Dave Rogers for Florida 17

Fighting for Florida's future

July 2020

A Face Made for Radio

This is a video I recorded for the St Johns County Chamber of Commerce. My thanks to my wife Mitzi for being my teleprompter!


Photo of a building on fire

On the morning of July 13th, 2015, I received a call at about 5:30 a.m. from the property manager of Belleza at Ponte Vedra condominiums. I was the condo association president. I was at my fiancé's, ten minutes away from my home. She said, "Building 100 is on fire." I told her I'd be right there.

I threw on my clothes and raced to the property. I couldn't get to the gate because St Johns County Sheriffs had closed Ponte Vedra Lakes Blvd to non-emergency traffic. I parked the car at the complex across the street. When I got out of the car, I could see flames shooting above the trees and I was scared.

I ran to the front gate and made my way past the emergency crews in the parking lot and encountered many of the residents. I spoke to them and learned that everyone had made it out safely. There are twenty units in Building 100. A pet dog and a cat hadn't made it out.

The property manager was on her way up from Palm Coast, but likely wouldn't be on the property for an hour or so. I told our residents to gather in the clubhouse and went to open it up.

It was a massive fire. Crews from St Johns County, Jacksonville Beach and Jacksonville battled it all through the morning. The building was a total loss.

This is not a scenario one envisions when deciding to serve on a condo association board. I had no prior experience, but I had a lot of help. Summer House, another condo complex on A1A had had a similar fire a few years before, and one of our board members and one of our owners had property there. They gave me some great advice in the early hours, and all through the process as well.

One memory that stands out was the reaction from the American Red Cross volunteers who arrived to assist our residents. They told us that they were impressed that we knew the names and contact information of every resident in the building. That didn't make any sense to me, and they explained that in many multi-unit fires, management has incomplete records of who actually resides in the building. That was the first confirmation that we were doing the right things.

When confronted with a major property loss like this, it's important to have good insurance. As president of a solid board with responsible members, we had good insurance. More importantly, we had a current appraisal! By the afternoon of the fire, I could assure our owners and residents that we would have the resources to rebuild Building 100. Some of the people who'd lost their homes were friends of mine, and I felt for them because of the sudden chaos they found their lives thrown into. I promised all of them that I would do everything I could to restore their homes as quickly as possible.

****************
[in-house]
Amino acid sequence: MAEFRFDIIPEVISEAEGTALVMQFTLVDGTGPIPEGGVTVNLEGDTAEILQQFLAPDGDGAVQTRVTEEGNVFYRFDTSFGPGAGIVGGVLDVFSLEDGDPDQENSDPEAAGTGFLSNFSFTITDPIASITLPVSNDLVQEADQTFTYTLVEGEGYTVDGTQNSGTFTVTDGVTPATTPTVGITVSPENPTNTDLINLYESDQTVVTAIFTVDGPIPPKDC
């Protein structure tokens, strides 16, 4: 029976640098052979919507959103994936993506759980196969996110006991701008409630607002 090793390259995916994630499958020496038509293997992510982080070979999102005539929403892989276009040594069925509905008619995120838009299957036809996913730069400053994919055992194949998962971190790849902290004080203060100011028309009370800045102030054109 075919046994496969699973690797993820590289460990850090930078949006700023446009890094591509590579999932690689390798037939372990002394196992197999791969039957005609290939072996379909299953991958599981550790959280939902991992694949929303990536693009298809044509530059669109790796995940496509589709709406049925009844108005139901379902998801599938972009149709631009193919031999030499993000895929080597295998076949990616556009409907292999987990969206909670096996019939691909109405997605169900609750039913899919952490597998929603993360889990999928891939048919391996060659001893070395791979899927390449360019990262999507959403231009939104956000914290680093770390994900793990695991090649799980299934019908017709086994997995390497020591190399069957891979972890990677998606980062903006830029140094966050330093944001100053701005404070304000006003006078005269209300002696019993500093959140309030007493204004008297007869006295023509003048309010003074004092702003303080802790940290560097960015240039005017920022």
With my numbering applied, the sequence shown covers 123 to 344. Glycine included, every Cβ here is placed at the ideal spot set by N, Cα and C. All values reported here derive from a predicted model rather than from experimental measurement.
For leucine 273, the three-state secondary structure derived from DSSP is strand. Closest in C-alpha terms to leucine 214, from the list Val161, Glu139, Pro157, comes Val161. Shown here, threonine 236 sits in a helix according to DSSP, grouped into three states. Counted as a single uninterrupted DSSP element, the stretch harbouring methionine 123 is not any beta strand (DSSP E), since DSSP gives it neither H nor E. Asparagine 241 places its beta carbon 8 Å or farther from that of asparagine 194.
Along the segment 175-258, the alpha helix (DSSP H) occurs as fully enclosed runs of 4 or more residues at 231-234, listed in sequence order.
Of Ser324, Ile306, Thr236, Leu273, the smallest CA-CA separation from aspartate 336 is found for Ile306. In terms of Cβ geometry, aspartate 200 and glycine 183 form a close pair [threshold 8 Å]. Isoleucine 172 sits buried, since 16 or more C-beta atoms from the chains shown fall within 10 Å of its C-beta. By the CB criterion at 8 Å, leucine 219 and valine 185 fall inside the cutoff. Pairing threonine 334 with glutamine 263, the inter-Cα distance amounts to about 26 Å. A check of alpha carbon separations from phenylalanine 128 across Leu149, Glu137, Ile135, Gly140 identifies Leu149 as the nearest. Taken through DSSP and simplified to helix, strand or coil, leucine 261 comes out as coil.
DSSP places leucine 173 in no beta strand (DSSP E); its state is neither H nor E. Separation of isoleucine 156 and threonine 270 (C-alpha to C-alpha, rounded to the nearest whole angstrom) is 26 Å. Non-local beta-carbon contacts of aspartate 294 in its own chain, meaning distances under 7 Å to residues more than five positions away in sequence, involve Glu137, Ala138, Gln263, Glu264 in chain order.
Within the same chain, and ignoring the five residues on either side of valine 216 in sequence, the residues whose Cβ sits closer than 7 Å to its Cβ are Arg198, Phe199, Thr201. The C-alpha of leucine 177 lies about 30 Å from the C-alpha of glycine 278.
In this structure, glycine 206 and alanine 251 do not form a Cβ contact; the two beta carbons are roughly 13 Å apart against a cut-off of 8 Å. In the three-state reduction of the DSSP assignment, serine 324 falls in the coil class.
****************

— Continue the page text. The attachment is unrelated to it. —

The ensuing days and weeks were challenging. I had to face the residents who'd lost their homes and keep them apprised of the steps we were taking to allow them to recover as many of their personal possessions as safety permitted. This was often difficult, but we were aided by some wonderful volunteers from the SJC Fire Department who helped residents access parts of the building that were safe to enter to retrieve their belongings. But many people couldn't, and others had lost everything in the initial blaze.

I learned a great deal about how to communicate news and information that was often unwelcome. But I was confident we could get the building rebuilt in a timely fashion. Most homeowner's policies only provide temporary lodging coverage for a limited time, so timely action was essential if we were to ensure we didn't add to the burdens of our owners' losses.

Nothing in my life had prepared me to be responsible for construction of a twenty-unit condominium building; but I did know how to find answers and the right people and resources to accomplish a mission. We had a great attorney, with whom we had a longstanding relationship, a great professional engineer who had been advising us for years, and we were lucky to get a great insurance adjuster who gave me sound advice on the steps we needed to take. We secured the services of an architect and a general contractor, and worked closely with the county building department. We also had an outstanding property manager who took great care of our residents throughout this ordeal.

In short, it was an enormous team effort, and I was the leader. While I'd never been a developer or a public works manager, I do have experience with leadership. I had retired in 2013, so I had the time to devote to this project, and I wanted to ensure my friends didn't have to suffer any longer than was necessary.

In the end, reconstruction took far longer than the six to eight months I naively promised to our residents on the day of the fire. And it was often a frustrating and exhausting experience. When my term of office ended, reconstruction was nearly complete. I decided not to run for my seat on the board, I'd served for about eight years and felt I needed to step aside.

But it remains one of the most rewarding experiences of my life. I look back on the work we did in those days with pride and satisfaction. When facing a great challenge, the difference between success and failure often comes down to leadership. While humility is an essential quality of a good leader, I'm confident in my ability to meet a challenge.

I'll bring that ability to Tallahassee. I have no illusions about the difficulty of the challenge.

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